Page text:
My father and I share many similarities in our journeys to success in life. At seventeen years old, we were already figuring out what our green lights would be. For him, it was aviation. For me, it was art. Once we had discovered what our green lights would be, we worked day and night to reach them. Similar to my father, I first chose a career that best suited my passion. I always thrived in art classes, regardless of the level of intensity or difficulty. Aviation was my father’s high, while art is mine. Later down the road, I came to realize that in order to become an artist, I would be spending thousands of dollars on art supplies while making little to no money in return. This reversed my decision to go to college to become an artist, similar to the choice that my father made with his aviation pursuit. From art, I moved on to forensic science. I decided that forensic science would be a much better fit for me in the long run. In this field, I imagine that I will never grow bored while solving new crimes each and every day. In addition, this line of work will provide the compensation that I would like to achieve. While money isn’t everything, I agree with my father when he stated, “At the end of the day, you need to be happy, and you need to make money doing it.”

In contrast to the many similarities we share in our journeys to success in life, there are many differences in our respective green lights. At the time that my father was figuring out what his green light would be, he was seventeen and it was the 1980’s. During the 80’s, technology was advancing and expanding at a rate that made getting a job in the engineering field much easier than it would be in today’s market. Due to the highly advanced technology nowadays, majoring in forensics seems to be one of the best ideas in terms of wealth. Crime rates remain fairly steady; therefore, there is always a demand for forensic scientists, regardless of the era. The difference in time is one of the major reasons why our green lights are different. During each time era, job demands change. As such, so do wages depending on the field and demands. My father’s green light was based solely on aviation and engineering, two similar fields. He always had a general idea of the career path that would best suit him, whereas mine shifted rather drastically. Up until my sophomore year of High School, I had envisioned that I would study art in college. Forensic science is a very different line of work from that of creating art. The major difference between our paths toward our green lights lies in this change.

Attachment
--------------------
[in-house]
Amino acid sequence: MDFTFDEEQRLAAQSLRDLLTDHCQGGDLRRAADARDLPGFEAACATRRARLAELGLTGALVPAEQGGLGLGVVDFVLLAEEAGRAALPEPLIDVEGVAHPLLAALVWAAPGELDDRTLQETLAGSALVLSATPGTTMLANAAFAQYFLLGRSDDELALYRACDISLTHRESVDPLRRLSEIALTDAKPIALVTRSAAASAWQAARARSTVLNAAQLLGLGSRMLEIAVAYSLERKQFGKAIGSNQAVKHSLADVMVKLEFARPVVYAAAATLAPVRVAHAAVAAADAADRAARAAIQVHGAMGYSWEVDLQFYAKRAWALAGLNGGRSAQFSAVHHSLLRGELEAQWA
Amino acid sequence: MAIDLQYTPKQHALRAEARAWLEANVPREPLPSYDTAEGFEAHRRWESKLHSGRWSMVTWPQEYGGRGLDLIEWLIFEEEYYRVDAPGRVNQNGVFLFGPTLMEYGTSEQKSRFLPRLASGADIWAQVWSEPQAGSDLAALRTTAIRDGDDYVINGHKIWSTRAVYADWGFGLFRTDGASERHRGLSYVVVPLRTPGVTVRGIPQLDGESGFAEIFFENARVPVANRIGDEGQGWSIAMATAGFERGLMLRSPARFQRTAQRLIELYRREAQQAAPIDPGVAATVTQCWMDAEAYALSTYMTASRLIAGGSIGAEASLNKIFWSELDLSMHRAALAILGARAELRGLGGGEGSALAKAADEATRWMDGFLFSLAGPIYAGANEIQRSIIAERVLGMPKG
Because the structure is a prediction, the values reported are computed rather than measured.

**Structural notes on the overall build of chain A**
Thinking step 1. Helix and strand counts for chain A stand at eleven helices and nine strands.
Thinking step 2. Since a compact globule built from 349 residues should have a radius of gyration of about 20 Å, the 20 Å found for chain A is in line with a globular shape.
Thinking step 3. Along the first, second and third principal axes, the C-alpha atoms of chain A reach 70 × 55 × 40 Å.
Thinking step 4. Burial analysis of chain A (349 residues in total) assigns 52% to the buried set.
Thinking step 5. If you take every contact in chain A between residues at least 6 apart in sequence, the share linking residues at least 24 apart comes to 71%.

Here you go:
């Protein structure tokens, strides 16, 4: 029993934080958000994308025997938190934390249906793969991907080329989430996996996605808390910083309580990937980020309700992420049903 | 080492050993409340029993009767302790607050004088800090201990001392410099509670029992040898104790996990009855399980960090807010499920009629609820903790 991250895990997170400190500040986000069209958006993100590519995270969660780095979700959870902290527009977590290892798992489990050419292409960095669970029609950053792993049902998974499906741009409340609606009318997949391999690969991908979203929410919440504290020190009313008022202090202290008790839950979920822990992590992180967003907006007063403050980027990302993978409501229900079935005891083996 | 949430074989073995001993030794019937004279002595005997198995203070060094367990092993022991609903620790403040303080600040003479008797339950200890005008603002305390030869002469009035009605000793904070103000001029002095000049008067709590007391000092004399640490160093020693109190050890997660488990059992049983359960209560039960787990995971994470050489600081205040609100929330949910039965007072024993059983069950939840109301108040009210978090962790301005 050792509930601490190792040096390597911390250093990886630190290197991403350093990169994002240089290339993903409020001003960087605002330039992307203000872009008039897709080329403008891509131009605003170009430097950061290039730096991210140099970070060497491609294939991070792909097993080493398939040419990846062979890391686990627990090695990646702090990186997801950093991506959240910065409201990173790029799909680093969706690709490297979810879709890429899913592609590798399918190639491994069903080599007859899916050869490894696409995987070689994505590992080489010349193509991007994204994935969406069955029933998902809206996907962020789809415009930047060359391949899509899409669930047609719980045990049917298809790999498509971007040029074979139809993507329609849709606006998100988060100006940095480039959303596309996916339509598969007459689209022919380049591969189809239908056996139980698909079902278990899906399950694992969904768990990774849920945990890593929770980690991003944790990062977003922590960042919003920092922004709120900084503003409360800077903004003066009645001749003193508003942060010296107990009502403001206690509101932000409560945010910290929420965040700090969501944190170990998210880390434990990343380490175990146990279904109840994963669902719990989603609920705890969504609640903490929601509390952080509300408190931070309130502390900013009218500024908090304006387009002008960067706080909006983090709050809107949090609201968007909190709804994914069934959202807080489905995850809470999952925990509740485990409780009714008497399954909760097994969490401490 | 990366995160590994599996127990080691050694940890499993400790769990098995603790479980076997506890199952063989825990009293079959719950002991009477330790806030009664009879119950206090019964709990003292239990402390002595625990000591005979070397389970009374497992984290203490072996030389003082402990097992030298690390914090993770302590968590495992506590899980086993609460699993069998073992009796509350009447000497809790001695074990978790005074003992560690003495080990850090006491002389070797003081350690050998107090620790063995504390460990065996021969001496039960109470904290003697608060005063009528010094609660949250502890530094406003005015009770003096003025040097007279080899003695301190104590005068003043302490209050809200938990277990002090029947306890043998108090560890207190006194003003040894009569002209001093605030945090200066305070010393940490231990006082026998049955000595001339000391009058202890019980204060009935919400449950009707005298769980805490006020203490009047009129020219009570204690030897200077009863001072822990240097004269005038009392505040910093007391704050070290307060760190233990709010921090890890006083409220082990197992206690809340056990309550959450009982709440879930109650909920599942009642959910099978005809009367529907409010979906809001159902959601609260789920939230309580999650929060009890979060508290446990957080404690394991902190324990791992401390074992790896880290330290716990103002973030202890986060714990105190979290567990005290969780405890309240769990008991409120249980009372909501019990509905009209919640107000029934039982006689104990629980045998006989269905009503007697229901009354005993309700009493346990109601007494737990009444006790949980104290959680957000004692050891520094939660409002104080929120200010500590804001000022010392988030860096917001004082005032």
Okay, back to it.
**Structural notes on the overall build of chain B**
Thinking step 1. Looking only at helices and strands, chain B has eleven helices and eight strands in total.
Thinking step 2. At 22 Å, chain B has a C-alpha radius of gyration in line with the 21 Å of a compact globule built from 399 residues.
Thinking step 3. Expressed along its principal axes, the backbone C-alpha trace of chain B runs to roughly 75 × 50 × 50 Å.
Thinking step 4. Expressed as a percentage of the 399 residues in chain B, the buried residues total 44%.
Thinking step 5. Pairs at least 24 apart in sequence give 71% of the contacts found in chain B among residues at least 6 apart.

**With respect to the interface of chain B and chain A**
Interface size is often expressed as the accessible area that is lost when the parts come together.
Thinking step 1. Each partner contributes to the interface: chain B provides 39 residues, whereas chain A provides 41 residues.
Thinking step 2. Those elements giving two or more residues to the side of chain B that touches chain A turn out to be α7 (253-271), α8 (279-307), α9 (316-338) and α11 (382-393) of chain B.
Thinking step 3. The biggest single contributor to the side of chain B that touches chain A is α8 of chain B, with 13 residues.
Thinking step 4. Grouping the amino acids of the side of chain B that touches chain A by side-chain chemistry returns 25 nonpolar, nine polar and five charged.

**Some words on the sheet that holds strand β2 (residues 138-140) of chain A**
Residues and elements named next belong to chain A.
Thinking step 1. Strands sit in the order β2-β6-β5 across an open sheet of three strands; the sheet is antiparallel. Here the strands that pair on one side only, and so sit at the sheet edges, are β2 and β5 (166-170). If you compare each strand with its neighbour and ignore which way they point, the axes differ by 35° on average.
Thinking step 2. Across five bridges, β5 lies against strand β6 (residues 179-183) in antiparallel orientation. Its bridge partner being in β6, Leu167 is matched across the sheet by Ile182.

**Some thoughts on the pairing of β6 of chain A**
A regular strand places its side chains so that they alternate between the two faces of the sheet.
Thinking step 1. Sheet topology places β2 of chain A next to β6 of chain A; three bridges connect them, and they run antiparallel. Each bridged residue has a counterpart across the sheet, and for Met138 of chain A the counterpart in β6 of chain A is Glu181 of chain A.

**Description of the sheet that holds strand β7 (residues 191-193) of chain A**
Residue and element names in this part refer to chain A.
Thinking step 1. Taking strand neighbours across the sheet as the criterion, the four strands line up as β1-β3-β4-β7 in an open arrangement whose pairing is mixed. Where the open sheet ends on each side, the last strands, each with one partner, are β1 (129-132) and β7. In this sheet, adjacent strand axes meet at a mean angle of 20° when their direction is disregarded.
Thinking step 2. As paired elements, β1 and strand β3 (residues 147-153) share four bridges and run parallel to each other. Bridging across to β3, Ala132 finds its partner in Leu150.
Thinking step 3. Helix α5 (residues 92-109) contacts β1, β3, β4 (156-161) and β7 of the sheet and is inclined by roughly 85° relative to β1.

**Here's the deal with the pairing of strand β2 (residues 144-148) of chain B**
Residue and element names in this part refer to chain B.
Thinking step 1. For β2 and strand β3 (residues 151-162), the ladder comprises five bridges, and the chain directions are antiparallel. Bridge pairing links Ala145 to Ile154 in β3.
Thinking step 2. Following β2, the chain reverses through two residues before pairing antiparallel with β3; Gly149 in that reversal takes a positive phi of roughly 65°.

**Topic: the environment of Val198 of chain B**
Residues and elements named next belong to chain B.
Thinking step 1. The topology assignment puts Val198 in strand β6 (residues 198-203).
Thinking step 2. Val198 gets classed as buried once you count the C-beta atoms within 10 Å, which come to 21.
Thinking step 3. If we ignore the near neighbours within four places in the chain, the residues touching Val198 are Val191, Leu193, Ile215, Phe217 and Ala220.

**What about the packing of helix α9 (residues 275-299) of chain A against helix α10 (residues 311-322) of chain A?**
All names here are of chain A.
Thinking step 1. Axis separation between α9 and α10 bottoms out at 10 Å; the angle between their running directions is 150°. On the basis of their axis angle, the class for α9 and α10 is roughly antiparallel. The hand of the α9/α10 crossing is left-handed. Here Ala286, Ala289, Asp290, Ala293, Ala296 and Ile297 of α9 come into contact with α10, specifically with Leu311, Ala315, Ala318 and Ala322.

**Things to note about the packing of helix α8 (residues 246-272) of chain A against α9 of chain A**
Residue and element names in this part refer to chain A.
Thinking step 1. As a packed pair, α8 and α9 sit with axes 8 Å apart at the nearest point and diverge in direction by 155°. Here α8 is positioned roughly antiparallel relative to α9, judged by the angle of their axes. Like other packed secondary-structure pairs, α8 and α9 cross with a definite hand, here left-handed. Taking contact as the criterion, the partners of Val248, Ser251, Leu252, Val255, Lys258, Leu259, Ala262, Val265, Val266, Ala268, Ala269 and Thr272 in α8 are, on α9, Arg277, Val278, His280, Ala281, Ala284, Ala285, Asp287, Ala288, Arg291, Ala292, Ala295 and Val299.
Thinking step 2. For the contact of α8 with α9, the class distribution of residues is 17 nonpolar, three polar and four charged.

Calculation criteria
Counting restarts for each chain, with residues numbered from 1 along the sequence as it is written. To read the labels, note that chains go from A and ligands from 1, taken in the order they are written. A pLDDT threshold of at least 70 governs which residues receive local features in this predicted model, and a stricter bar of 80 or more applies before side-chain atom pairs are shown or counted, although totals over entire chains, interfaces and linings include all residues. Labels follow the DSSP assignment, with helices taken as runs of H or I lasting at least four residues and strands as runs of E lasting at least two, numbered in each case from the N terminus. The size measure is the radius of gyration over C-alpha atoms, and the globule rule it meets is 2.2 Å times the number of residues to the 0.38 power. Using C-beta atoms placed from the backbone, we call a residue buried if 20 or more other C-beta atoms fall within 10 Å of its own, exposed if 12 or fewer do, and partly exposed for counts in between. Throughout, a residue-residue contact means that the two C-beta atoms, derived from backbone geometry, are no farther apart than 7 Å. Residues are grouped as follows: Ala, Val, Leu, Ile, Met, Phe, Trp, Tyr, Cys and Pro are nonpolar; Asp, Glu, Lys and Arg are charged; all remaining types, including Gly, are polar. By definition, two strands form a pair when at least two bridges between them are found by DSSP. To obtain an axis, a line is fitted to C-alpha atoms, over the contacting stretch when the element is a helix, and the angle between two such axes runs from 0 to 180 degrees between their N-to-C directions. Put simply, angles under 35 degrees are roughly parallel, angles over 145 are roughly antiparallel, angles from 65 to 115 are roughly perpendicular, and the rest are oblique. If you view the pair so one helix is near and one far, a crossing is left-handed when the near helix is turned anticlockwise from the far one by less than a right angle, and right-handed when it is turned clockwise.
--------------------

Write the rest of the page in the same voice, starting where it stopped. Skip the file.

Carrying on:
In the article, “Gatsby’s Green Light Beckons a New Set of Strivers,” Rimer interviewed a young girl named Jinzhao Wang who stated that “the journey toward the dream is the most important thing.” I agree with Wang’s statement entirely. I believe that the journey towards the dream is the most important thing because that is when we learn the most about ourselves, our dreams, and who we are. Without the journey, I feel like we would be lost. We wouldn’t experience the struggle of being accepted to our top choice colleges, the excitement of graduation day, the anxiety we feel during our first job interview. The journey is what makes the dream, worth it all!

-Wyle Goddard, Intern